Cracking the Common Core: Choosing and Using Texts in Grades 6-12

Cracking the Common Core: Choosing and Using Texts in Grades 6-12

by William E. Lewis, Sharon Walpole, Michael C. McKenna
     
 

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This book guides teachers in grades 6-12 to strategically combine a variety of texts--including literature, informational texts, and digital sources--to meet their content-area goals and the demands of the Common Core State Standards (CCSS). It presents clear-cut ways to analyze text complexity, design challenging text sets, and help students get the most out of what…  See more details below

Overview

This book guides teachers in grades 6-12 to strategically combine a variety of texts--including literature, informational texts, and digital sources--to meet their content-area goals and the demands of the Common Core State Standards (CCSS). It presents clear-cut ways to analyze text complexity, design challenging text sets, and help students get the most out of what they read. Provided are practical instructional ideas for building background knowledge, promoting engagement, incorporating discussion and text-based writing, and teaching research skills. Appendices offer sample unit plans for English language arts, history/social studies, and science classrooms. More than 20 reproducible coaching templates and other tools can be downloaded and printed in a convenient 8 1/2" x 11" size.

Editorial Reviews

From the Publisher

"This is the only professional development guide that 6-12 teachers need for interpreting how to meet the rigorous demands of the CCSS. The framework in this book enables me not only to design effective text sets (with both informational and literary texts), but also to implement reading strategies and writing activities that really work!"--John Strong, MEd, English language arts teacher, Dover (Delaware) High School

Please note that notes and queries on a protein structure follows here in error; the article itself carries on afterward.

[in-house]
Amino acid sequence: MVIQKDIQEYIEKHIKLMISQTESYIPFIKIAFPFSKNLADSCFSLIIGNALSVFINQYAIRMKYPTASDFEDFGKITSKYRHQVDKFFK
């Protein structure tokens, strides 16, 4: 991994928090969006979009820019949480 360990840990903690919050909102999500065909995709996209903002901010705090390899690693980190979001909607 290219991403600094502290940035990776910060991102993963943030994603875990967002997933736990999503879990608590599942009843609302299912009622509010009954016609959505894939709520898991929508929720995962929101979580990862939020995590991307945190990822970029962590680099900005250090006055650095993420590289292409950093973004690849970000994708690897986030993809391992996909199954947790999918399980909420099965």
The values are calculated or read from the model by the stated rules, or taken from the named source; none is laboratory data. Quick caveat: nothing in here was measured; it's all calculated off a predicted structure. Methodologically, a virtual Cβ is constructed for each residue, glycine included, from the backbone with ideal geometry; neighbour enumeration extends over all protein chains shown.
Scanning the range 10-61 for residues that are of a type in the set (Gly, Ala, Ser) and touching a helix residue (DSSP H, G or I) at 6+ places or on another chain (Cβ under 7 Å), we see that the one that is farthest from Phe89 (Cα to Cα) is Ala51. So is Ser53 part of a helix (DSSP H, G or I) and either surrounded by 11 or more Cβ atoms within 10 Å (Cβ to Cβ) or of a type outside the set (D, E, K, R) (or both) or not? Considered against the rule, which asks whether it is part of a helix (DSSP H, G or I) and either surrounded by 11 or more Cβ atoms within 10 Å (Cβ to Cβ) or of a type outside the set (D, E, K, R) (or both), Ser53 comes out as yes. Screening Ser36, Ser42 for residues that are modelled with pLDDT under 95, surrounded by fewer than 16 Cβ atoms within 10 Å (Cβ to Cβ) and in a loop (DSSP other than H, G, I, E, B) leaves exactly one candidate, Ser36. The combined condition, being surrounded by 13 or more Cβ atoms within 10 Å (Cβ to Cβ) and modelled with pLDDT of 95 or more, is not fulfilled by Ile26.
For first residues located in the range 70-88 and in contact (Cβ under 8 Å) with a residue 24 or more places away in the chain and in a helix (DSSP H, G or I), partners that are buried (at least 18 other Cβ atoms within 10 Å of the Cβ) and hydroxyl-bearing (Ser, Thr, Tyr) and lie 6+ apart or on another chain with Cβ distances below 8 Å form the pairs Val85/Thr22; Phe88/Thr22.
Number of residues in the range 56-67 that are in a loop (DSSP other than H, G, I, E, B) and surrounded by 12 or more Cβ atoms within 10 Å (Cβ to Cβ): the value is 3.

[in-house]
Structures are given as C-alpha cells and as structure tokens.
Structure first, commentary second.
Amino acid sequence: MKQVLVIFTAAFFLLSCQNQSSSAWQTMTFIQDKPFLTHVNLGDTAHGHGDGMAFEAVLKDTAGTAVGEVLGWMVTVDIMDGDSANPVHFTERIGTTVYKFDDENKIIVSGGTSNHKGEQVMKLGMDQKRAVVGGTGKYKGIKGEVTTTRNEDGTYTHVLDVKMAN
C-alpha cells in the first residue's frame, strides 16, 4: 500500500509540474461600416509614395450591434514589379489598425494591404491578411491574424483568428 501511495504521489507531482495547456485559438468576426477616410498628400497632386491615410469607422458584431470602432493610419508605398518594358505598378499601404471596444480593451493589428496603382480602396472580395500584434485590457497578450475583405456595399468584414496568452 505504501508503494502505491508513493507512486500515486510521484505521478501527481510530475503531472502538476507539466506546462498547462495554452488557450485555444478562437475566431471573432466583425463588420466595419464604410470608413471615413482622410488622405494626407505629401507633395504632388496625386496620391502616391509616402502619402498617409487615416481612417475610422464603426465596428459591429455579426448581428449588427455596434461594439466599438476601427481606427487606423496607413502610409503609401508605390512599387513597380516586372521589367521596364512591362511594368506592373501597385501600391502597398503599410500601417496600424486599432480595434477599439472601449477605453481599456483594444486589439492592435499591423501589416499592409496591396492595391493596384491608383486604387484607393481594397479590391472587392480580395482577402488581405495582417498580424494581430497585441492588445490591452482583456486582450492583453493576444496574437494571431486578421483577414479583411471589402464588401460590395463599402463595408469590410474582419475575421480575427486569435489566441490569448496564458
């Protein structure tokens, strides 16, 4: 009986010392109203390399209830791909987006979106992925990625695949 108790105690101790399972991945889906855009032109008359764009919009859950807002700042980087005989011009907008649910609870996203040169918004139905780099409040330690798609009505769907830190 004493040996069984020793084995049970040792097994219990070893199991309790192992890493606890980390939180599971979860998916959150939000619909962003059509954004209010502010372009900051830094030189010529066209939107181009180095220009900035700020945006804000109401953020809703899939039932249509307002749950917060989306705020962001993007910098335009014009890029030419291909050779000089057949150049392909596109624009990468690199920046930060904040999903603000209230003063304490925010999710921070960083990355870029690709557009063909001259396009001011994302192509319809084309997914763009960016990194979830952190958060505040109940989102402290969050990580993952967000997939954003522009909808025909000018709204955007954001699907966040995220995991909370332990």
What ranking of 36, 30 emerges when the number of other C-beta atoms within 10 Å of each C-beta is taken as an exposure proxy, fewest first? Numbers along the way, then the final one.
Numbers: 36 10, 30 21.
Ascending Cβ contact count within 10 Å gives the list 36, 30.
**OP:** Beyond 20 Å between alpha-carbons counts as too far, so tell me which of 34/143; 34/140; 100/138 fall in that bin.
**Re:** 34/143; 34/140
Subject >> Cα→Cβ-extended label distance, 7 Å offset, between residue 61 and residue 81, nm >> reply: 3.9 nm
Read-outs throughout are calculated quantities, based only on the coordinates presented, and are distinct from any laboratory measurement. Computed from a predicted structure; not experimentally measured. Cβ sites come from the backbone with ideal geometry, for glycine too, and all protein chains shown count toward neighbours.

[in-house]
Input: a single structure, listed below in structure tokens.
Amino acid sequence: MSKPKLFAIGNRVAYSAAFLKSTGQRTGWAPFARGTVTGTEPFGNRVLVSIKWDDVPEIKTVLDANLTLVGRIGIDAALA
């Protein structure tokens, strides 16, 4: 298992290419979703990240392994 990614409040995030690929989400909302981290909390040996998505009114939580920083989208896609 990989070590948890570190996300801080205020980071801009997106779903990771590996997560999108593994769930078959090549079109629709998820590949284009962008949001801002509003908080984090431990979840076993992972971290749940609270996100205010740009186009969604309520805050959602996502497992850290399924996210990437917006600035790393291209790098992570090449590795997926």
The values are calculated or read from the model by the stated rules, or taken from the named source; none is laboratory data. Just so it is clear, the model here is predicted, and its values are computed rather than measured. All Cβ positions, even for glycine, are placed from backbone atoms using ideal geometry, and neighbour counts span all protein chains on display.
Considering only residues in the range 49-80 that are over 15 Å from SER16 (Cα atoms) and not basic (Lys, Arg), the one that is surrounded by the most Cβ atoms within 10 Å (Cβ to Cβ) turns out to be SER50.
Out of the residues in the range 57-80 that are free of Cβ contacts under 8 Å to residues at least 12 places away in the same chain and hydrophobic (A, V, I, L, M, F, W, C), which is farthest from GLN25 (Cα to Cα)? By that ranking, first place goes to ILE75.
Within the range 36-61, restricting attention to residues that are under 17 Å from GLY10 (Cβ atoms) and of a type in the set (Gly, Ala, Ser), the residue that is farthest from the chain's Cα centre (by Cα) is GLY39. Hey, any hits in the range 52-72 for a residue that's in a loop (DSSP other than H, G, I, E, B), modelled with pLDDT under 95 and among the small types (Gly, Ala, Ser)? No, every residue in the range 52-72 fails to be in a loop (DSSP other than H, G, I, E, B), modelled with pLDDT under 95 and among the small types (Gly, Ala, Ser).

"Lewis, Walpole, and McKenna draw on their vast knowledge of literacy research and practice, extensive work in middle and high school classrooms, and deep understanding of the CCSS. The authors recognize that perhaps the most fundamental shift brought about by the CCSS is in regard to texts. They help teachers construct text sets and describe content-area strategies for implementation before, during, and after reading and writing assignments. The book not only explains the strategies and how they might support the kind of in-depth understanding of texts that is expected with the Common Core, but also offers extended examples of their use. This engaging read will provide a sense of relief to teachers who feel unsure about or overwhelmed by the CCSS."--Cynthia Shanahan, EdD, College of Education, University of Illinois at Chicago

"As we assemble our libraries of CCSS resources, this book deserves a prominent spot. The authors skillfully explain the rigorous expectations of the CCSS in light of the rich scholarship on adolescent literacy. The book explores a range of highly effective instructional practices to support students as readers, writers, speakers, and thinkers as they engage with complex texts as disciplinary learners. The authors' approach is thoughtful, and their conversational tone is very reader friendly."--Doug Buehl, MS, adolescent literacy specialist, Madison, Wisconsin